Cat, Owl, Pussycat, finished – and other small victories

Cat, Owl, Pussycat is finally finished! And has a first coat of damar varnish to even out the surfaces of the various dull and glossy paints. I’ve recently added an earth pigment to my deliberately limited palette, and it seems to go dull or shiny at different times, with different amounts of medium.

The new pigment is burnt umber. I cut all earth tones from my palette a while ago, in an experiment to make color harmonies easier; if all colors are mixed from the same basic pigments, they’ll bear a closer relationship to one another than colors from a broad palette. But I’ve grown weary of mixing all my blacks and browns, so burnt umber — which I happened to have kicking around in my taboret — is a welcome addition. Combined with ultramarine blue it makes a deep, rich black, and with various combinations of cad yellow, cad red, and viridian it can fill in for any number of other earths. I still practice the art student avoidance of pre-mixed blacks.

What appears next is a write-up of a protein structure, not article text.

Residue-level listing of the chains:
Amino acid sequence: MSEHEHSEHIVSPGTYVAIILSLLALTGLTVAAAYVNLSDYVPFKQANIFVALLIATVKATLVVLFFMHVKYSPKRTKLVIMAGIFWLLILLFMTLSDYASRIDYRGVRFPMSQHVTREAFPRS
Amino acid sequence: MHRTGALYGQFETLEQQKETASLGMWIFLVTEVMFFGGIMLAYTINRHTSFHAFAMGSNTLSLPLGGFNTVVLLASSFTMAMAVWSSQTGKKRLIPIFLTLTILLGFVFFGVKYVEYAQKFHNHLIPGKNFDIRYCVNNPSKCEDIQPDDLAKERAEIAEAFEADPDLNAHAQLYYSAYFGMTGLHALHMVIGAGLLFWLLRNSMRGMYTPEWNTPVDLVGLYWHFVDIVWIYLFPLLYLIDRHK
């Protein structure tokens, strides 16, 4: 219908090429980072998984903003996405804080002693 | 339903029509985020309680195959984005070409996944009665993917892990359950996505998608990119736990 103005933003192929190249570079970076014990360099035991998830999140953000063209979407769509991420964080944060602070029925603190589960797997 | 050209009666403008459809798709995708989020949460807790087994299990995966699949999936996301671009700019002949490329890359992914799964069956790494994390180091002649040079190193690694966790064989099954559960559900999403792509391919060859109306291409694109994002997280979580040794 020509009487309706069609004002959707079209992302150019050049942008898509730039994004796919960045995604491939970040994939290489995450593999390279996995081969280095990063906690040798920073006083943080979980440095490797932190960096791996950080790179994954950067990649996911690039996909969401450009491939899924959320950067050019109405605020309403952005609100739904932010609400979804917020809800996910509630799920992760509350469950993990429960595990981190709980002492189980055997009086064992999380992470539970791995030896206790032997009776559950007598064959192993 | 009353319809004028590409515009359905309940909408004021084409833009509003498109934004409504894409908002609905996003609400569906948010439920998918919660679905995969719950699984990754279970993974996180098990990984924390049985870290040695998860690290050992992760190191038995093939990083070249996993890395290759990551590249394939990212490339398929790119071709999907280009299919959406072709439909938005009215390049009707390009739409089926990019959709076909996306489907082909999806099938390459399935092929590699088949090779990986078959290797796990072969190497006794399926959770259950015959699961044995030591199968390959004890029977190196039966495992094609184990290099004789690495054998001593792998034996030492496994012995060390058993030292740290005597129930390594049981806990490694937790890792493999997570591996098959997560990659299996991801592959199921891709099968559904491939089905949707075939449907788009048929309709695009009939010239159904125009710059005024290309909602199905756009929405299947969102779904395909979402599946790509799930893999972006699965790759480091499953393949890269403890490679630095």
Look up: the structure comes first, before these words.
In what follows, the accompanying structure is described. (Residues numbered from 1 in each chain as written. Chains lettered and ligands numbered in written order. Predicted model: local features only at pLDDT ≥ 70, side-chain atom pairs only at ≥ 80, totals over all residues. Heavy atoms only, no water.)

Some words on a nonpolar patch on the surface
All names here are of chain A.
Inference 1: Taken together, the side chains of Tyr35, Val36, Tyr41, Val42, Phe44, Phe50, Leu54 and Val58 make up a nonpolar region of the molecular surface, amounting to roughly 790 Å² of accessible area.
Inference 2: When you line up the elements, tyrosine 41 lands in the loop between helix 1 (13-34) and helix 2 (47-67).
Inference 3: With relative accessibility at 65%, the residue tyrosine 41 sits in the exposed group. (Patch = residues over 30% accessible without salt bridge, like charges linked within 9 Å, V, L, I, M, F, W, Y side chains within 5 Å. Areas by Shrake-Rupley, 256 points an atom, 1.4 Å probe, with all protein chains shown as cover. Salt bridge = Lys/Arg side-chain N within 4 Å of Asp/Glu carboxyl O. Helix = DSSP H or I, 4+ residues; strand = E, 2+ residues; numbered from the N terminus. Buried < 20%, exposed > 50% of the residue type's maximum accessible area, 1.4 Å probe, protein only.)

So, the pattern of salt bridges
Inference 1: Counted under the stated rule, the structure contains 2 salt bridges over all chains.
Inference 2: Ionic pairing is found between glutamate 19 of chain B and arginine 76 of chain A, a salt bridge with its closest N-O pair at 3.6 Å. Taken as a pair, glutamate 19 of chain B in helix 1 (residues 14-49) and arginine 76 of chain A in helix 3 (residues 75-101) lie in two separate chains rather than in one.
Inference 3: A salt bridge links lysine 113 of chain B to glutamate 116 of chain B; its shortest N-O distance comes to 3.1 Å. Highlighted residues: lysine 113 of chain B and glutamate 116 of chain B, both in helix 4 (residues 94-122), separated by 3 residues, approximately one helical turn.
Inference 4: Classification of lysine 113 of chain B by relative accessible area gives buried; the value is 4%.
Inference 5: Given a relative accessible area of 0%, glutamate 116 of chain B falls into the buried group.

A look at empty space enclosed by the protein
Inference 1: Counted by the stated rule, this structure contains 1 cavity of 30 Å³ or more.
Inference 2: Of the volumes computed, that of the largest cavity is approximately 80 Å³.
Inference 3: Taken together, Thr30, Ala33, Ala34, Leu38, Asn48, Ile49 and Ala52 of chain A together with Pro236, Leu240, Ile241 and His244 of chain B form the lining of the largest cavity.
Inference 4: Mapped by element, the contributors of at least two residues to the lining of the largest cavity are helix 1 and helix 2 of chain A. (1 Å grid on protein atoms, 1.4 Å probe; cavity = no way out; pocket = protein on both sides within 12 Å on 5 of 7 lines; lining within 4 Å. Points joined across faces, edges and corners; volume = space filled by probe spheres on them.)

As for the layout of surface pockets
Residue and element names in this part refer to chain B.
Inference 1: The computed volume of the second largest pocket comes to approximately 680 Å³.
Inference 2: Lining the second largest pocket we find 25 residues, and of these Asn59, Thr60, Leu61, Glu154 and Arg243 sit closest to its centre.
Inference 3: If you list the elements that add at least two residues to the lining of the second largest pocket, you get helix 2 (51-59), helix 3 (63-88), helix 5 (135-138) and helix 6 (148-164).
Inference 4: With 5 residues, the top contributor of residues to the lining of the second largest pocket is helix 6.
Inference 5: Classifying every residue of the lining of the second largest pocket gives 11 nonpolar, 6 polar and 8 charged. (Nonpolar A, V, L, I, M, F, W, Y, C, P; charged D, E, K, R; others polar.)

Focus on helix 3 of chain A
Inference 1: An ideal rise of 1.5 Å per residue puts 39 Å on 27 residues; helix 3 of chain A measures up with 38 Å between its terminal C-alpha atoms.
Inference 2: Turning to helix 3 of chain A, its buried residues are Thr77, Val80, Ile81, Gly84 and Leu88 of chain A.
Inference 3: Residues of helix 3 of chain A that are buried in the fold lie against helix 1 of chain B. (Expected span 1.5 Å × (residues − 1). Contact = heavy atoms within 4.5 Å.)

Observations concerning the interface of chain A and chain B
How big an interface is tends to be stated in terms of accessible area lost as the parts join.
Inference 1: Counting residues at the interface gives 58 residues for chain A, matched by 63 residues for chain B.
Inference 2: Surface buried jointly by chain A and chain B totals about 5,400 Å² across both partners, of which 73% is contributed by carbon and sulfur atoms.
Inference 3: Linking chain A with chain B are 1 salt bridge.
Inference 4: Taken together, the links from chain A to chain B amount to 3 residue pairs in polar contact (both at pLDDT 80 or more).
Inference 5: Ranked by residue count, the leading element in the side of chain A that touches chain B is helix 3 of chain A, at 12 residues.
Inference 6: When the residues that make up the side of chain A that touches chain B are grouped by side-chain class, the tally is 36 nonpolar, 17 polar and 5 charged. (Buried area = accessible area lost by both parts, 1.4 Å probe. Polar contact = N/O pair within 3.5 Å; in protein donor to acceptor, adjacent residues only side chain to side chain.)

So, my palette now consists of (clockwise from bottom):

  • titanium white
  • cadmium yellow light
  • cadmium red
  • alizarin crimson
  • cobalt violet
  • ultramarine blue
  • viridian green
  • burnt umber
  • … and, in the center, mother grey (a mixture of the other colors, made from palette scrapings of still-viable paints when each painting is finished)

I try to use as few solvents as possible — my studio is the second floor of our home — so my medium is a half & half mixture of stand oil and walnut oil, with a little Liquin (an alkyd drier), and I clean my brushes with a baby oil/turpenoid mixture and then dish detergent.